Experimental design

This was a controlled, randomised, prospective and chronic animal study stratified by survival period (5 or 21 days). Five animals were used per survival period. The number of animals was selected to comply with FDA guidance “Premarket Notification (510(k)) Submissions for Bipolar Electrosurgical Vessel Sealers for General Surgery”. The bipolar vessel sealer BiCision® was used in combination with each of the following modes: in the test group blood vessels were sealed with the novel TSM, while in the control group the BCM was used. The blood vessels sealed in each animal were randomised to the test and the control group to minimise subjective bias. The TSM was operated by a VIO® 3 ESU (Erbe Elektromedizin GmbH, Tuebingen, Germany) with the setting Effect 1. The BCM was driven by a VIO® 300 D ESU (Erbe Elektromedizin GmbH, Tuebingen, Germany) with Effect 2. Both were the default setting for the BiCision® device of the respective ESU. At least ten vessels per mode and survival period should be sealed chronically for the evaluation of long-term seal quality. An estimated 45 arteries and veins per mode should be sealed in the terminal experiments and used for the ex vivo evaluation of TL and BP. The carotid arteries were sent in for histological evaluation of TL.

Vessel diameter

The vessel diameter was determined in situ immediately before each sealing procedure using a calliper gauge and documented in both the primary and terminal experiments.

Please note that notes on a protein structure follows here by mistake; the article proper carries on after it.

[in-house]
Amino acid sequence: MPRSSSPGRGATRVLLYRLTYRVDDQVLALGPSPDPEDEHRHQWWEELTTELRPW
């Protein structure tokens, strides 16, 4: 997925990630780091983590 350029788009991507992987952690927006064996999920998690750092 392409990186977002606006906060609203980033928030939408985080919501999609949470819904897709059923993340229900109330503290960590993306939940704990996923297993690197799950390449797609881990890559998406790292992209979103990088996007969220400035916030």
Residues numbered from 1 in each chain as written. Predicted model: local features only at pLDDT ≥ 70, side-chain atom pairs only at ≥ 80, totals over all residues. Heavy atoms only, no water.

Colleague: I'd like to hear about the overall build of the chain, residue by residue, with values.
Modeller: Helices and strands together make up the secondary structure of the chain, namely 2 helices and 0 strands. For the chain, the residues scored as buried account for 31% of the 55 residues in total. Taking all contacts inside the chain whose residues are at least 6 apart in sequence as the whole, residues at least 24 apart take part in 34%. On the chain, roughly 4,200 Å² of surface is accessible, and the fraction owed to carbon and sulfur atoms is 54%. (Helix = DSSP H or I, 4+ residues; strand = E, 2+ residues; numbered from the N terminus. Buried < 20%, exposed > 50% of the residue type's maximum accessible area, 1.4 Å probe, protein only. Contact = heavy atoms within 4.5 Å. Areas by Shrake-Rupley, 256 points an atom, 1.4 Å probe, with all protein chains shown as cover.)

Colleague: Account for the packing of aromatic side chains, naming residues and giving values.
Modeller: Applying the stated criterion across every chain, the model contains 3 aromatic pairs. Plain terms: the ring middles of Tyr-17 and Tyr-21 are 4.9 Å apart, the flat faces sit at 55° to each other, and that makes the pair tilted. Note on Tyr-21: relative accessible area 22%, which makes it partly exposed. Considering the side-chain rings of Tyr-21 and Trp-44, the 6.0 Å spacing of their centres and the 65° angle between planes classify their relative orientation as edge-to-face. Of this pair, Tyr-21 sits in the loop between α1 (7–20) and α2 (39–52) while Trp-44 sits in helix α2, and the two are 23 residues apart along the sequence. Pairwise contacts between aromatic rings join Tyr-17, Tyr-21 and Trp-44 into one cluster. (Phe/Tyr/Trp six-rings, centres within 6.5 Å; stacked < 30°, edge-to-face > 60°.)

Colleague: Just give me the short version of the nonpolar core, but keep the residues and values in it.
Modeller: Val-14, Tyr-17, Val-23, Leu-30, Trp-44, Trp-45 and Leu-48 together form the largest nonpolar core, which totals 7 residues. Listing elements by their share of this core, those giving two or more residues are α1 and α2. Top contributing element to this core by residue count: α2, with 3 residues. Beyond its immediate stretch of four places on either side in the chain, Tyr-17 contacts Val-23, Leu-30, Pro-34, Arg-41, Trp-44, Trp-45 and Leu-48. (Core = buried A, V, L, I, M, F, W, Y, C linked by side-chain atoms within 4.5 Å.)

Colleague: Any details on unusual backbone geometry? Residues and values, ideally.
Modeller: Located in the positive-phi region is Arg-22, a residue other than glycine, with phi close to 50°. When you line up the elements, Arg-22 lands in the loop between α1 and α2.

Survival rate, long-term seal quality and intraoperative seal failure (primary aim)

A good state of health with positive weight development, as monitored by the veterinarian during the survival period, was documented as successful survival. Long-term seal quality was documented for vessels sealed during the primary experiment and was evaluated during the terminal experiment, including signs of complications or signs of bleeding or damage to the sealing site or to surrounding tissue macroscopically assessed for adjacent blood clots or minor hematomas. Intraoperative seal failure was documented in both the primary and terminal experiments. The definition of intraoperative seal failure was that the surgeon detected vessel leaking or residual blood flow immediately after the first sealing activation. In the event of such a failure, a maximum of two further activations were made to electrothermally seal the vessel. If this was not successful, the vessel was sutured.